Quite a common use of a git pre-receive hook is to scan for sensitive information and then block from entering the repository. It appears from looking at examples, that conventionally, you are given arguments of the parent and new sha.

Typically, you then use those to run a git show or git diff to see the real text and actually run operations on the files, for example, looking for secrets.

I assume if the hashes are provided then the git server actually writes these to the file system so that an invocation of git show can actually find and display the file.

if the hook returns a fail, such that the push and commit fails, do these fragments get cleaned up? or are they visible to someone that runs git clone after the hook ran. Also wondering if there are any best practices to configure git so that this storage is somewhere volatile until the commit actually passes the hook and can be safely committed to the repository, so that it would not make it into backup systems and the like that might be archiving the repository.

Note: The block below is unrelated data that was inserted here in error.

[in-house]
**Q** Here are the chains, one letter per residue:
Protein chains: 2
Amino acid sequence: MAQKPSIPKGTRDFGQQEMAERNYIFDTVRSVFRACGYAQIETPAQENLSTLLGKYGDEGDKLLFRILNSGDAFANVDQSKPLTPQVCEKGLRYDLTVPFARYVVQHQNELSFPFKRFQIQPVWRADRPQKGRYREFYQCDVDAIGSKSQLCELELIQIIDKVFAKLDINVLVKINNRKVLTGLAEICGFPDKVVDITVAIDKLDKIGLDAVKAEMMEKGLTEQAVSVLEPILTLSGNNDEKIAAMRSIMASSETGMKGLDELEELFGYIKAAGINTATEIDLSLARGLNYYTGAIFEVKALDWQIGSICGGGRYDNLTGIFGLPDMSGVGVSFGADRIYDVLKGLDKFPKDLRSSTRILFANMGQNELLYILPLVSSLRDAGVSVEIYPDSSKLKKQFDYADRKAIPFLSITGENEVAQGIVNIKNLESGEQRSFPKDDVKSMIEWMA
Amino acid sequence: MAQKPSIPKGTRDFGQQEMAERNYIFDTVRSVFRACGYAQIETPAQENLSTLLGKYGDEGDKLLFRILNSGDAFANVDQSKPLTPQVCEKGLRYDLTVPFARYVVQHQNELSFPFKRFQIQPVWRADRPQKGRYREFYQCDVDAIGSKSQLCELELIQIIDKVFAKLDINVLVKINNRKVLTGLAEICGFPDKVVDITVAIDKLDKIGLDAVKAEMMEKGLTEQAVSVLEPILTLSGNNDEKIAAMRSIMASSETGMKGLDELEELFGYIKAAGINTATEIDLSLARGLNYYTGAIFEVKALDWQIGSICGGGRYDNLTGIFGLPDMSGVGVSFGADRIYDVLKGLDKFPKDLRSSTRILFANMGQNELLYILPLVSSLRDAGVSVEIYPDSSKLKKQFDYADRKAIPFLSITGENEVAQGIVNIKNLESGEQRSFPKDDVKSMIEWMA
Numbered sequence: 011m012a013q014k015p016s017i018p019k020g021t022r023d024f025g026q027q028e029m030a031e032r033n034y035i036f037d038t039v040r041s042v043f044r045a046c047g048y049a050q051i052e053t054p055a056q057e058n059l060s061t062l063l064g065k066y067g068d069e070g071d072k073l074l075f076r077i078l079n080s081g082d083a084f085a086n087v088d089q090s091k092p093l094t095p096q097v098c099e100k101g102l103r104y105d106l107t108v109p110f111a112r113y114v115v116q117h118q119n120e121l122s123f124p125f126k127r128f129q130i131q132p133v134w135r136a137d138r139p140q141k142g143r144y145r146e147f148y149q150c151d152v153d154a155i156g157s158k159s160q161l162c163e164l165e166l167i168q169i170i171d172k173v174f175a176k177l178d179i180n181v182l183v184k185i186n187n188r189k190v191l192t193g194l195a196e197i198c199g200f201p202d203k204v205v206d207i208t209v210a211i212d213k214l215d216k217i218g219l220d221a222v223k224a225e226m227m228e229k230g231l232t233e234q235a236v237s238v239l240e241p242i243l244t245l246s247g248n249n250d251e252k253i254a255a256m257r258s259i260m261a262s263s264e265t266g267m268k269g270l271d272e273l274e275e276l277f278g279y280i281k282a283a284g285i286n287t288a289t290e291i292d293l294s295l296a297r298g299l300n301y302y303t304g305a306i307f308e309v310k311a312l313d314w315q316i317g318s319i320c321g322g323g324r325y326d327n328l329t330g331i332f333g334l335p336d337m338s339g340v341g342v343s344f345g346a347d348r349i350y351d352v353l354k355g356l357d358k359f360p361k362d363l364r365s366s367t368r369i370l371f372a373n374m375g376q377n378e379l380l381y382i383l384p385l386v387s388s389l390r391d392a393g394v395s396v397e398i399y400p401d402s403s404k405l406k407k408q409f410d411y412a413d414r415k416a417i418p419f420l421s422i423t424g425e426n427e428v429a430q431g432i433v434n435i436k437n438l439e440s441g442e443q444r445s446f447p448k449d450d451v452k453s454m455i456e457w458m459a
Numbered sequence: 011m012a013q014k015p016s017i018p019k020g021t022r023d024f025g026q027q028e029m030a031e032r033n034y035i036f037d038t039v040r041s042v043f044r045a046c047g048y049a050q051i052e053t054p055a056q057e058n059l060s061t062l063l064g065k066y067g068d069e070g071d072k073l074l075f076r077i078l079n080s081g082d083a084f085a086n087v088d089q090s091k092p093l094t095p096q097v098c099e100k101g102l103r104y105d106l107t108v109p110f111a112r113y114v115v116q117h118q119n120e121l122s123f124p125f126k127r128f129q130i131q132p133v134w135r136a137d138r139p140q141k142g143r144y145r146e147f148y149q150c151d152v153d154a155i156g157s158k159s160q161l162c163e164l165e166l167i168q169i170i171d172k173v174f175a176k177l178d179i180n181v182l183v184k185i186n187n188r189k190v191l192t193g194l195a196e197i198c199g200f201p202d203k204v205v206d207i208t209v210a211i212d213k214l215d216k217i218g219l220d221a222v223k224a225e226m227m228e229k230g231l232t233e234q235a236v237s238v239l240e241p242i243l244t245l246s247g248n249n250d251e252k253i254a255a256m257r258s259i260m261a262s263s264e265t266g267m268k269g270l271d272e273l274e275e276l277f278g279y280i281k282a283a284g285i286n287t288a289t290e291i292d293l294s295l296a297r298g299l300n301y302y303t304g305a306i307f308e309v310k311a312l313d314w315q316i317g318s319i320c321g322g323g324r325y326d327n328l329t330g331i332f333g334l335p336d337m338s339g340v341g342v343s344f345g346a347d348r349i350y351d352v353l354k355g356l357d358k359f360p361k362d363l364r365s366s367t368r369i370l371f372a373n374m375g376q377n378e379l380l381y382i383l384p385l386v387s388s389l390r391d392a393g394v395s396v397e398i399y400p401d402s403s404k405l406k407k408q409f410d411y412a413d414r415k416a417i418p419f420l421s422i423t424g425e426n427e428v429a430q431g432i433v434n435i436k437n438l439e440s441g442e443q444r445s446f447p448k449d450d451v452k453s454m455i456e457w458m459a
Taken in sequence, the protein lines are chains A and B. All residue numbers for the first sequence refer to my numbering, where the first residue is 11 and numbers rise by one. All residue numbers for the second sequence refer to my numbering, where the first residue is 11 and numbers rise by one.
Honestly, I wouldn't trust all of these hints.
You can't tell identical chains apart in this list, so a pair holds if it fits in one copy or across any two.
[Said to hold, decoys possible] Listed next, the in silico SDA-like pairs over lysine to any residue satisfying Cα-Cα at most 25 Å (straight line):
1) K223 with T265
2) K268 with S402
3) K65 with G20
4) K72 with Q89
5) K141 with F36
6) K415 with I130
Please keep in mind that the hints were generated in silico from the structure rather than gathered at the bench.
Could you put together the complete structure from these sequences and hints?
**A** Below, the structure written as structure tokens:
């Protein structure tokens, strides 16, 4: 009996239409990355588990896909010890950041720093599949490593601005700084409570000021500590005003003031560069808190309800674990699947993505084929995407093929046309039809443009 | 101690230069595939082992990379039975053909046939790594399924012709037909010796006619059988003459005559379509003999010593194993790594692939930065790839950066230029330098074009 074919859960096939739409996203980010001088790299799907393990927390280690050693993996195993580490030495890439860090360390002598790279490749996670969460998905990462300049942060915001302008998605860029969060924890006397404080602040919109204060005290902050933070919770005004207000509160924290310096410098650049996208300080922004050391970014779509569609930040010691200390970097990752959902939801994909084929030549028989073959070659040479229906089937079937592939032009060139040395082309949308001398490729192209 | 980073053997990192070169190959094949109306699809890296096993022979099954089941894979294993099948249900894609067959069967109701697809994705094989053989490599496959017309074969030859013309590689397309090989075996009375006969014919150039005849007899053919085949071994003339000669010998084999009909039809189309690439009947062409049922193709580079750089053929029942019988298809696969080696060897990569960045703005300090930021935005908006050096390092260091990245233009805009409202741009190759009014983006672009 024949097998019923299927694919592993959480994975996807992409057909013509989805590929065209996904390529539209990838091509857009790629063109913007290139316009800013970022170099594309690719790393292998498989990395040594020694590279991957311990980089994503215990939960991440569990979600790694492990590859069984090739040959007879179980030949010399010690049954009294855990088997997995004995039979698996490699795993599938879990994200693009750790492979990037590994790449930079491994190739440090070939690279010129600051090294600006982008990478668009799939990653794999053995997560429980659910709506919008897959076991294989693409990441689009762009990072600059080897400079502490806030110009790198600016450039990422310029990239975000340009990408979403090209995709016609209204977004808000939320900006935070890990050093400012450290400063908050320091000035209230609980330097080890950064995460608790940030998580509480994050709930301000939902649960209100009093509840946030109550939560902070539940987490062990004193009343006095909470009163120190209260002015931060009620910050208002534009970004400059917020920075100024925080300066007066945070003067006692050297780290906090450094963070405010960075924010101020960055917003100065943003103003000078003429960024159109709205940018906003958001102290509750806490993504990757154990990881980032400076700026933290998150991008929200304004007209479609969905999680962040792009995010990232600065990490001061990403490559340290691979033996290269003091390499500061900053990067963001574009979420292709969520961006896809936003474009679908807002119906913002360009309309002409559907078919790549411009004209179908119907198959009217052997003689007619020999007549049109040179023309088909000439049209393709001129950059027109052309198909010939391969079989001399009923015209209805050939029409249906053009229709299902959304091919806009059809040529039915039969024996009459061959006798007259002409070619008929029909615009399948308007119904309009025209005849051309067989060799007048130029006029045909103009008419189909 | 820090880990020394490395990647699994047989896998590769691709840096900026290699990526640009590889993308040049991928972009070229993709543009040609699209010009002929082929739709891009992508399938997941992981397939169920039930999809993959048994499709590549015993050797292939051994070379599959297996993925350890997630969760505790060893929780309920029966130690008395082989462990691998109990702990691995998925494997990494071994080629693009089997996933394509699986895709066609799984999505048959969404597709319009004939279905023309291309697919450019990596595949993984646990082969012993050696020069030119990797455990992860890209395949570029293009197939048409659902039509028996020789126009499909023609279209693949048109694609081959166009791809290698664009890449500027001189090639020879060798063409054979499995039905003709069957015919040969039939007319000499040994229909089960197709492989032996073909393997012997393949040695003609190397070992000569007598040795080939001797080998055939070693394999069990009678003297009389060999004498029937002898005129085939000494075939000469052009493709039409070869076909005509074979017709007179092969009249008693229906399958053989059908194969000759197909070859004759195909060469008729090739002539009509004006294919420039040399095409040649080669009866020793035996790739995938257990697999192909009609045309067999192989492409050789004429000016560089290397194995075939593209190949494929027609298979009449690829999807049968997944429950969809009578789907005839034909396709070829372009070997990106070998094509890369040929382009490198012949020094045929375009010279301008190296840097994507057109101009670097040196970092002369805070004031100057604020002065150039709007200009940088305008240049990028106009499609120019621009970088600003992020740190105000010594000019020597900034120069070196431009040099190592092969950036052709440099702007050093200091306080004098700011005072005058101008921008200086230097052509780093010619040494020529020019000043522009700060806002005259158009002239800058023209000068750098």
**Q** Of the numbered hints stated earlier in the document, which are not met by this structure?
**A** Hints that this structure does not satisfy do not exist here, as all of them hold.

1 Answer 1


Exists a temporary storage that is removed if the hook fails: from the man page of git-receive-pack

       When receive-pack takes in objects, they are placed into a temporary "quarantine" directory within the $GIT_DIR/objects directory and migrated into the main object store only after the pre-receive hook has completed. If the
       push fails before then, the temporary directory is removed entirely.

       This has a few user-visible effects and caveats:

        1. Pushes which fail due to problems with the incoming pack, missing objects, or due to the pre-receive hook will not leave any on-disk data. This is usually helpful to prevent repeated failed pushes from filling up your
           disk, but can make debugging more challenging.

        2. Any objects created by the pre-receive hook will be created in the quarantine directory (and migrated only if it succeeds).

        3. The pre-receive hook MUST NOT update any refs to point to quarantined objects. Other programs accessing the repository will not be able to see the objects (and if the pre-receive hook fails, those refs would become
           corrupted). For safety, any ref updates from within pre-receive are automatically rejected.

So if your script is not creating something of its own should be ok.

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